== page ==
Ullucus is a genus of flowering plants in the Basellaceae family, with one species, Ullucus tuberosus, a plant grown primarily as a root vegetable, secondarily as a leaf vegetable. The name ulluco is derived from the Quechua word ulluku, but depending on the region, it has many different names. These include illaco (in Aymara), melloco (in Ecuador), chungua or ruba (in Colombia), papa lisa (in Peru) or Ulluma (in Argentina).[1][2]

Scientific classification
Kingdom: Plantae
Clade: Tracheophytes
Clade: Angiosperms
Clade: Eudicots
Order: Caryophyllales
Family: Basellaceae
Genus: Ullucus
U. tuberosus
Binomial name
Ullucus tuberosus
  • Basella tuberosa Kunth
  • Chenopodium tuberosum Ruiz
  • Gandola tuberosa Moq.
  • Melloca peruviana Moq.
  • Melloca tuberosa (Kunth) Lindl.
  • Ullucus aborigineus Brücher
  • Ullucus kunthii Moq.
  • Ullucus tuberosus subsp. aborigineus (Brücher) Sperling
  • Ullucus tuberosus f. albiflorus Kuntze
  • Ullucus tuberosus f. rubriflorus Kuntze

Olluco is one of the most widely grown and economically important root crops in the Andean region of South America, second only to the potato.[3] The tuber is the primary edible part, but the leaf is also used and is similar to spinach.[4] They are known to contain high levels of protein, calcium, and carotene. Olluco was used by the Incas prior to arrival of Europeans in South America.[5] The scrambling herbaceous plant grows up to 500mm high and forms starchy tubers below ground. These tubers are typically smooth and can be spherical or elongated. Generally they are a similar size to the potato however have been known to grow up to 15 cm long. Due to its brightly coloured waxy skin in a variety of yellows, pinks and purples, Ullucus tubers are regarded as one of the most striking foods in the Andean markets.[6]

Ullucus tuberosus has a subspecies, Ullucus tuberosus subsp. aborigineus, which is considered a wild type. While the domesticated varieties are generally erect and have a diploid genome, the subspecies is generally a trailing vine and has a triploid genome.[7]

Vernacular names

Aymara: ulluma, ullucu.[7]

Quechua: ulluku, milluku.[8]

Spanish: olluco, papalisa, ulluco, melloco.[7]


It is probable that ulluco was brought into cultivation more than 4000 years ago.[1] Biological material from several coastal Peruvian archaeological sites have been found to contain starch grains and xylem of the ulluco plant, suggesting domestication occurred between the central Andes of Peru and Bolivia.[2] Illustrations and representations of ulluco on wooden vessels (keros), ceramic urns and sculptures have been used to date the presence and importance of these tubers back to 2250 BC.[9]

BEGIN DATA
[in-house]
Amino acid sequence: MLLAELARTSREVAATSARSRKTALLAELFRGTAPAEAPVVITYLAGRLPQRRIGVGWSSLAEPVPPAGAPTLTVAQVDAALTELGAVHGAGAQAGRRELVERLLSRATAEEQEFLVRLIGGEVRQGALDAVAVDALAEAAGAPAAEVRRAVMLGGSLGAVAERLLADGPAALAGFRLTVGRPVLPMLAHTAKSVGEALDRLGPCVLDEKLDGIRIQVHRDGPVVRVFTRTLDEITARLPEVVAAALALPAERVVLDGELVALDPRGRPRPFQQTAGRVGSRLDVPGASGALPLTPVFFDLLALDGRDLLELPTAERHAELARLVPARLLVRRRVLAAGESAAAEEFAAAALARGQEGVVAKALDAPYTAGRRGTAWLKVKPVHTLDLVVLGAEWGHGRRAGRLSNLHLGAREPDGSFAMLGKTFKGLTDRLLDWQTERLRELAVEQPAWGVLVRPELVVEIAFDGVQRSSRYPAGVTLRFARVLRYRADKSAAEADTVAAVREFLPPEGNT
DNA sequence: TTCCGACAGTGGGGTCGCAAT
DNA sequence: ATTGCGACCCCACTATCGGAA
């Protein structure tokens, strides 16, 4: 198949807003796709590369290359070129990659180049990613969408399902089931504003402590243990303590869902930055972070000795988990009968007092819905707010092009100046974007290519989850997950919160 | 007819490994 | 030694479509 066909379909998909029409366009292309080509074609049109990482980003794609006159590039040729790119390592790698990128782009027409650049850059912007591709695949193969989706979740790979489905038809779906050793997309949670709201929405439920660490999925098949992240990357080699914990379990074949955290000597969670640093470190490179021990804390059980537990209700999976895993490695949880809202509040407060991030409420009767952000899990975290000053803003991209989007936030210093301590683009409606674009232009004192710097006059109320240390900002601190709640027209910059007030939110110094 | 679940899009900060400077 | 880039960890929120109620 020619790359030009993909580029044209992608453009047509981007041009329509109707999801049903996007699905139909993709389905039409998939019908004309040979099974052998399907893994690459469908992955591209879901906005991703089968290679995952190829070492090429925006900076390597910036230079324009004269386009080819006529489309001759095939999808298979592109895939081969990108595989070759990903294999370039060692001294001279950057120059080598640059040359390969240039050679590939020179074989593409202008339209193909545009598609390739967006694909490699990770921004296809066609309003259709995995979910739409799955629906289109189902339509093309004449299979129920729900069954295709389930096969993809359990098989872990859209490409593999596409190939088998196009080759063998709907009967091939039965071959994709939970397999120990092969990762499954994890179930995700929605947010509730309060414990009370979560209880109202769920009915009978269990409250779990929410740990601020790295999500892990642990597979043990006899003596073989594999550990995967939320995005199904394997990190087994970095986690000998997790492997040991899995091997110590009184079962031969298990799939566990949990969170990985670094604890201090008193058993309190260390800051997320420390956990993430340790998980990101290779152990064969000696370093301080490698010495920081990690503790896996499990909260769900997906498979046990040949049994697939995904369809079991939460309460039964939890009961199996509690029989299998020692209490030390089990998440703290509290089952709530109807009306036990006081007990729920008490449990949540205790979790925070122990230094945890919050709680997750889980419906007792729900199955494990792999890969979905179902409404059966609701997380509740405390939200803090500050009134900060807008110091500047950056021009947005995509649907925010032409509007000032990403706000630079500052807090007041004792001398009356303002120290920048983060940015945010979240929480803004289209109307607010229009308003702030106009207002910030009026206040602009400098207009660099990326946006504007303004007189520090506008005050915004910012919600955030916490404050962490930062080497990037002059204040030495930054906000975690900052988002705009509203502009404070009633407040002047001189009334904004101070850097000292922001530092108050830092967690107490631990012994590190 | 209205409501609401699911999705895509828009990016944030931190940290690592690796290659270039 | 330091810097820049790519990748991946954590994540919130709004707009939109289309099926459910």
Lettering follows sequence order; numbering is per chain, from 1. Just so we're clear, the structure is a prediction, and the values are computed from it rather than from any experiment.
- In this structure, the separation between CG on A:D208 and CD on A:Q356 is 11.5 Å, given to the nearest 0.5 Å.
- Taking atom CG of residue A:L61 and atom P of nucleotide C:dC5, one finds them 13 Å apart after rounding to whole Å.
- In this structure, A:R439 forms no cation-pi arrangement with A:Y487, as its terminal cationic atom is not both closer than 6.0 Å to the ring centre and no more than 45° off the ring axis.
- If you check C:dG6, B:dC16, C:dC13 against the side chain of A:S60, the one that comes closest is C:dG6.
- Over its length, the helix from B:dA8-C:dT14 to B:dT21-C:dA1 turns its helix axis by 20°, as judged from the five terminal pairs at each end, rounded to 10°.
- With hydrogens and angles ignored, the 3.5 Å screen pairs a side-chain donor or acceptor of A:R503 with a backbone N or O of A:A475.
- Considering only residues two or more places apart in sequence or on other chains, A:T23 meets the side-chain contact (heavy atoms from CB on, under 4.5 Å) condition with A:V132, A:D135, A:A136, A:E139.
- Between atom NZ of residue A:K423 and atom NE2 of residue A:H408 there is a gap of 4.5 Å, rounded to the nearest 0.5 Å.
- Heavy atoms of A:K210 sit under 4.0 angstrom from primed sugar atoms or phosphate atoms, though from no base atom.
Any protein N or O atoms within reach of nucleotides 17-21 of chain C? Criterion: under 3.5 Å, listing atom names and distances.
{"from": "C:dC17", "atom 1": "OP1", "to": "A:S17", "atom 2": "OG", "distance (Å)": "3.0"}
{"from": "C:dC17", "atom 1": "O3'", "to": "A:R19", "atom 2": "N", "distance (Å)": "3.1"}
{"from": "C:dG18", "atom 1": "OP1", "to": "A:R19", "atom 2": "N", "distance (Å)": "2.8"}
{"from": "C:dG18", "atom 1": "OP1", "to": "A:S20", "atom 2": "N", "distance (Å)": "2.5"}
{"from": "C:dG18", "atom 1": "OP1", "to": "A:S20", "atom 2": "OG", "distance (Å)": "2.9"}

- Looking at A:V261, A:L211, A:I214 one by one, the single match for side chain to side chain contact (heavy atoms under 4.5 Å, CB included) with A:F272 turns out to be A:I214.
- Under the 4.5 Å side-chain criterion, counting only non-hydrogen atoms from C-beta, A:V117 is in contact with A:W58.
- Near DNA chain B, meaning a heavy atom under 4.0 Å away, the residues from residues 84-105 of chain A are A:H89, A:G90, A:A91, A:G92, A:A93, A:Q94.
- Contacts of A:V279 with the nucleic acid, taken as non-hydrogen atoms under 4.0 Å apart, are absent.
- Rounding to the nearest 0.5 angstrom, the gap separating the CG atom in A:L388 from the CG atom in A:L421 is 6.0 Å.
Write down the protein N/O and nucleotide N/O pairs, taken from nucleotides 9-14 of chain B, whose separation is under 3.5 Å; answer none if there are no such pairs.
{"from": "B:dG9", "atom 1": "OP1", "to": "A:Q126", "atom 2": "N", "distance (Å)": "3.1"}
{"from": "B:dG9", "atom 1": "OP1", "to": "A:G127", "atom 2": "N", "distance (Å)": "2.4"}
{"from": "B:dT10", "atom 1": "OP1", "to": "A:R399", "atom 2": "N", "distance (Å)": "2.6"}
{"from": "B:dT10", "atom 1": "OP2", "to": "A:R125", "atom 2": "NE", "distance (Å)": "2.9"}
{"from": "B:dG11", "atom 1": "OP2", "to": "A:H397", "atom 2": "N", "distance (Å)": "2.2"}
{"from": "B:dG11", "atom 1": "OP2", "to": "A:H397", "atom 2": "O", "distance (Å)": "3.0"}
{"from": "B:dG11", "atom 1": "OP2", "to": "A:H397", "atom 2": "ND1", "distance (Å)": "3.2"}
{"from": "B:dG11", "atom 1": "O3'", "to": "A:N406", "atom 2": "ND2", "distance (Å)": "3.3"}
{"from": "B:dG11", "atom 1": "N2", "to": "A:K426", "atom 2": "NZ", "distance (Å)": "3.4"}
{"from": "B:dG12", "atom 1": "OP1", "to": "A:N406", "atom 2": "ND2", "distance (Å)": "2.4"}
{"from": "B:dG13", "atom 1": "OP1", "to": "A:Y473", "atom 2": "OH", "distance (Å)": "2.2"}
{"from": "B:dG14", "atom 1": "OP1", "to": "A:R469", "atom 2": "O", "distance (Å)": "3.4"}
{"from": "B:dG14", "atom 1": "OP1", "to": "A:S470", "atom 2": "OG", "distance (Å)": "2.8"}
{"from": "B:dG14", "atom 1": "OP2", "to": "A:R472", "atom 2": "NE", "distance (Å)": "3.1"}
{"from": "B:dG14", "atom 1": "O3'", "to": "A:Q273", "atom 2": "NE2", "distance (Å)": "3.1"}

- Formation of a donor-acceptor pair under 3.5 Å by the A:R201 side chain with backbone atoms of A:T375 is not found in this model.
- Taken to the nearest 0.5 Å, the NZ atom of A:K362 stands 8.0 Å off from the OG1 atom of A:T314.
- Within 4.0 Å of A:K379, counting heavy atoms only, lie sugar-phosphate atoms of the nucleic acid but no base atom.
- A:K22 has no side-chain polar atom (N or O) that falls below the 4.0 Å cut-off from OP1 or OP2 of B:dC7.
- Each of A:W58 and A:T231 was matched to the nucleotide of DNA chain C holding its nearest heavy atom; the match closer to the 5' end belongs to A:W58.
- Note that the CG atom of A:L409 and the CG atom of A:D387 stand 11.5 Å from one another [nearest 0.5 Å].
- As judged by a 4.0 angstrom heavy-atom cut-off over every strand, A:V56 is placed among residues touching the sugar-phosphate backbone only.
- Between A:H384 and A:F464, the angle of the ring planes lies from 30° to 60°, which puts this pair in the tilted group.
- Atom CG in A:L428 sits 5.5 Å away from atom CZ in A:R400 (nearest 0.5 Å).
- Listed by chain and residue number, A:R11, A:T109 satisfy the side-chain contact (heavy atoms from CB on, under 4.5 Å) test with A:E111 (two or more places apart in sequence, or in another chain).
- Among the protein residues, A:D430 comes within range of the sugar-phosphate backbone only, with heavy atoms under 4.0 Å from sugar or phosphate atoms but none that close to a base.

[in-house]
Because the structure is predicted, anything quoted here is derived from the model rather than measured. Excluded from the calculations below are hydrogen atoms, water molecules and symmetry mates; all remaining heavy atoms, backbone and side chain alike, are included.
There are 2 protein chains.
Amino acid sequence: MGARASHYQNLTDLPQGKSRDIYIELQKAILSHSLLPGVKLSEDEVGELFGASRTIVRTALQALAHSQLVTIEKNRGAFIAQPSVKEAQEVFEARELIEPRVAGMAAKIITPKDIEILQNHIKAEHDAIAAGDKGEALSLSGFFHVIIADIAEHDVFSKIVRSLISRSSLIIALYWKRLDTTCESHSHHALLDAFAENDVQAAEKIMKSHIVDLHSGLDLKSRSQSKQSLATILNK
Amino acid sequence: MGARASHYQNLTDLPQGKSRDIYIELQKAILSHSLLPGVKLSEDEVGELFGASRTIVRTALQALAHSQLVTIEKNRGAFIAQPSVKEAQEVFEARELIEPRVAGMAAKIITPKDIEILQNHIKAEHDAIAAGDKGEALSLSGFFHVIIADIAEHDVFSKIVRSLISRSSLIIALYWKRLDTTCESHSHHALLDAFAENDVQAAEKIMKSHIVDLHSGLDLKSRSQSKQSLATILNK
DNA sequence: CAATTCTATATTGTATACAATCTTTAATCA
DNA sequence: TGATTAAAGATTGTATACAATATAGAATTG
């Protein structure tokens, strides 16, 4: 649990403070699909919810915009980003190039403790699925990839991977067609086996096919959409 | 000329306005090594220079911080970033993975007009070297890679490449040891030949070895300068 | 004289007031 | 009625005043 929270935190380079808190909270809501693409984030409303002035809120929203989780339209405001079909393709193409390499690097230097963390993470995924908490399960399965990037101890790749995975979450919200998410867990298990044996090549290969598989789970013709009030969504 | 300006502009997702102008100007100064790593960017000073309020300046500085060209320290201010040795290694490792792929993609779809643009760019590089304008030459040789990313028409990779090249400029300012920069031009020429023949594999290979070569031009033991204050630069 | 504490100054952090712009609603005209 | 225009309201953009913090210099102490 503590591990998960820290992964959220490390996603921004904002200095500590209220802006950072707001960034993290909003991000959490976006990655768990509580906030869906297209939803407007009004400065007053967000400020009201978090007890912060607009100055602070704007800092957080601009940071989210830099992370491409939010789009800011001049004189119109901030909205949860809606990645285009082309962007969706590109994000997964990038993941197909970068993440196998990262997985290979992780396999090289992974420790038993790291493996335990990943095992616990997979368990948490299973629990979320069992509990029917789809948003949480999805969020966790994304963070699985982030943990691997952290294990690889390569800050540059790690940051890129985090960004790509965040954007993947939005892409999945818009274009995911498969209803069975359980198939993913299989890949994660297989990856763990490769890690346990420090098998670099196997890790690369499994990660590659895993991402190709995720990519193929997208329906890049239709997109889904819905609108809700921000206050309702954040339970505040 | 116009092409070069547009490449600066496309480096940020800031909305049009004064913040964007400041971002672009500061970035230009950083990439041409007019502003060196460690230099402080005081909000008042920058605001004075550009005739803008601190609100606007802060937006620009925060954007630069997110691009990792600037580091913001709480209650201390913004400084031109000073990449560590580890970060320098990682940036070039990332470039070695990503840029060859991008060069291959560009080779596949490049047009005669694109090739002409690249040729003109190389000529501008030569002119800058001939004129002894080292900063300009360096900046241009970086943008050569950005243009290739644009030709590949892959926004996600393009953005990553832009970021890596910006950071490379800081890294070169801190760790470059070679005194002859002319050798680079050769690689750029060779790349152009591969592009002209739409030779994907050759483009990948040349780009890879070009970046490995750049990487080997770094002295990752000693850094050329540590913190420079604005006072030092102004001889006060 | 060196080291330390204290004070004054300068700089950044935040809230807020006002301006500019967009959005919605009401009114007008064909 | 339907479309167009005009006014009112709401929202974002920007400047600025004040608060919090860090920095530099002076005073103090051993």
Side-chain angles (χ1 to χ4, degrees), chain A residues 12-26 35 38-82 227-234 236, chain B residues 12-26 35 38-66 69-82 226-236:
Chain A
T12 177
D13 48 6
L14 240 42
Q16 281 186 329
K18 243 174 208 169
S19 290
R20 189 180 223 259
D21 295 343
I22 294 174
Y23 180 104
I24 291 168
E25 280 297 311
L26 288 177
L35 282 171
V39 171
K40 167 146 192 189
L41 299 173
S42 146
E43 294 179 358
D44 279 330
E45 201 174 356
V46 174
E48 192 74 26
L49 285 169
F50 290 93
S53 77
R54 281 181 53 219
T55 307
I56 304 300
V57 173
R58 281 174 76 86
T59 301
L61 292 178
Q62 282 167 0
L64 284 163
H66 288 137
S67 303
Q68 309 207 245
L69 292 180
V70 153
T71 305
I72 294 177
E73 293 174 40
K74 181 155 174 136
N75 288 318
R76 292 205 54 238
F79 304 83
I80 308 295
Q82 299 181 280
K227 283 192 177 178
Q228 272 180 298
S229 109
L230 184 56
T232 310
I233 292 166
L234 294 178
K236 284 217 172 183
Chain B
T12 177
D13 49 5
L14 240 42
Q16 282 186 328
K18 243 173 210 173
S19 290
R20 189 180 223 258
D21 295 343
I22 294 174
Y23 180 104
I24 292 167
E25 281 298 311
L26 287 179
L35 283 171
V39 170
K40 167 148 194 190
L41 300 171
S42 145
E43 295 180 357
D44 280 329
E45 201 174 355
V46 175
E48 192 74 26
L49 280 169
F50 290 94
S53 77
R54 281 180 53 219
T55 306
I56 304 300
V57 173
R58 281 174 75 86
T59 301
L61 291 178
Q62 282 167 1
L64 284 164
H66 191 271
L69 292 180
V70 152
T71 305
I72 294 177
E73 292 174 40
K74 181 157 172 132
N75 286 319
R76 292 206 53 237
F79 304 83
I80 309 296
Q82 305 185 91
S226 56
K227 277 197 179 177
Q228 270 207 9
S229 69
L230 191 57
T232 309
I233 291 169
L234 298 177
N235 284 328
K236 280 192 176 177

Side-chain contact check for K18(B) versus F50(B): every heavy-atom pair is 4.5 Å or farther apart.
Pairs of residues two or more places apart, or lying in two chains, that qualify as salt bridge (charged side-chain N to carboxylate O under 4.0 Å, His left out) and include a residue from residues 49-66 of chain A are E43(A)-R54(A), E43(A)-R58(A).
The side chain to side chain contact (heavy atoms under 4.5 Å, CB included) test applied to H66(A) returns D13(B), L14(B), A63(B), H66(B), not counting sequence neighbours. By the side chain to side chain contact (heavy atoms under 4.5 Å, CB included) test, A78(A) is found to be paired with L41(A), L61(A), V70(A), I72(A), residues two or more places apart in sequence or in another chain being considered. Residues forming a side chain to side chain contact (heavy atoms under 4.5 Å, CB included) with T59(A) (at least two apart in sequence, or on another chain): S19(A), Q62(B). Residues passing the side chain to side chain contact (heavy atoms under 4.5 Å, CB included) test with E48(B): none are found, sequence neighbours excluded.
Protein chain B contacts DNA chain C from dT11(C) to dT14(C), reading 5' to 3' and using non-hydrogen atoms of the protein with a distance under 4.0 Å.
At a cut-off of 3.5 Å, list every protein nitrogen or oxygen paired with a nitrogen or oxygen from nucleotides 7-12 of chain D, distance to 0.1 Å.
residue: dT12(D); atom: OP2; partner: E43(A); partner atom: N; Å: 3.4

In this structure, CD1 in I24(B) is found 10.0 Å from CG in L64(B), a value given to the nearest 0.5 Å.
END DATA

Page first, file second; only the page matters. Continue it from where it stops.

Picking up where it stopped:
Although it lost some importance due to the influx of European vegetables following the Spanish conquest in 1531, Ulluco still remains a staple crop in the Andean regions. However, in comparison to the potato which is now cultivated in over 130 countries, outside of South America the ullucus tubers are still relatively unknown.[9] Initial attempts were made to cultivate it in Europe in the 1850s following the potato blights but were not successful on a large scale due to its requirements for cultivation.[10]

Importance and uses

Ullucos are cultivated for their edible tubers by subsistence farmers in high altitude farming systems around 2500 to 4000m above sea level. The tubers are usually eaten in indigenous soups and stews but more contemporary dishes incorporate them into salads along with the ulluco leaves. These tubers have been eaten in the Andean populations since ancient times and still to this day provide an important protein, carbohydrate and vitamin C source to people living in the high altitude mountainous regions of South America.[1]

The major appeal of ulluco is its crisp texture which, like the jicama, remains even when cooked.[1] Because of its high water content, ulluco is not suitable for frying or baking, but it can be cooked in many other ways like the potato. In the pickled form, it is added to hot sauces. They are generally cut into thin strips. In order to increase their shelf life, a typical product is produced by the Quechua and Aymara communities in Peru called Chuño or lingli. This is produced via a process involving environmental freezing and drying which is usually then ground into a fine flour and added to cooked foods.[11] In Bolivia, they grow to be very colorful and decorative, though with their sweet and unique flavor they are rarely used for decoration. When boiled or broiled they remain moist; the texture and flavor are very similar to the meat of the boiled peanut without the skin. Unlike the peanut meat becoming soft and mushy, ulluco remain firm and almost crunchy.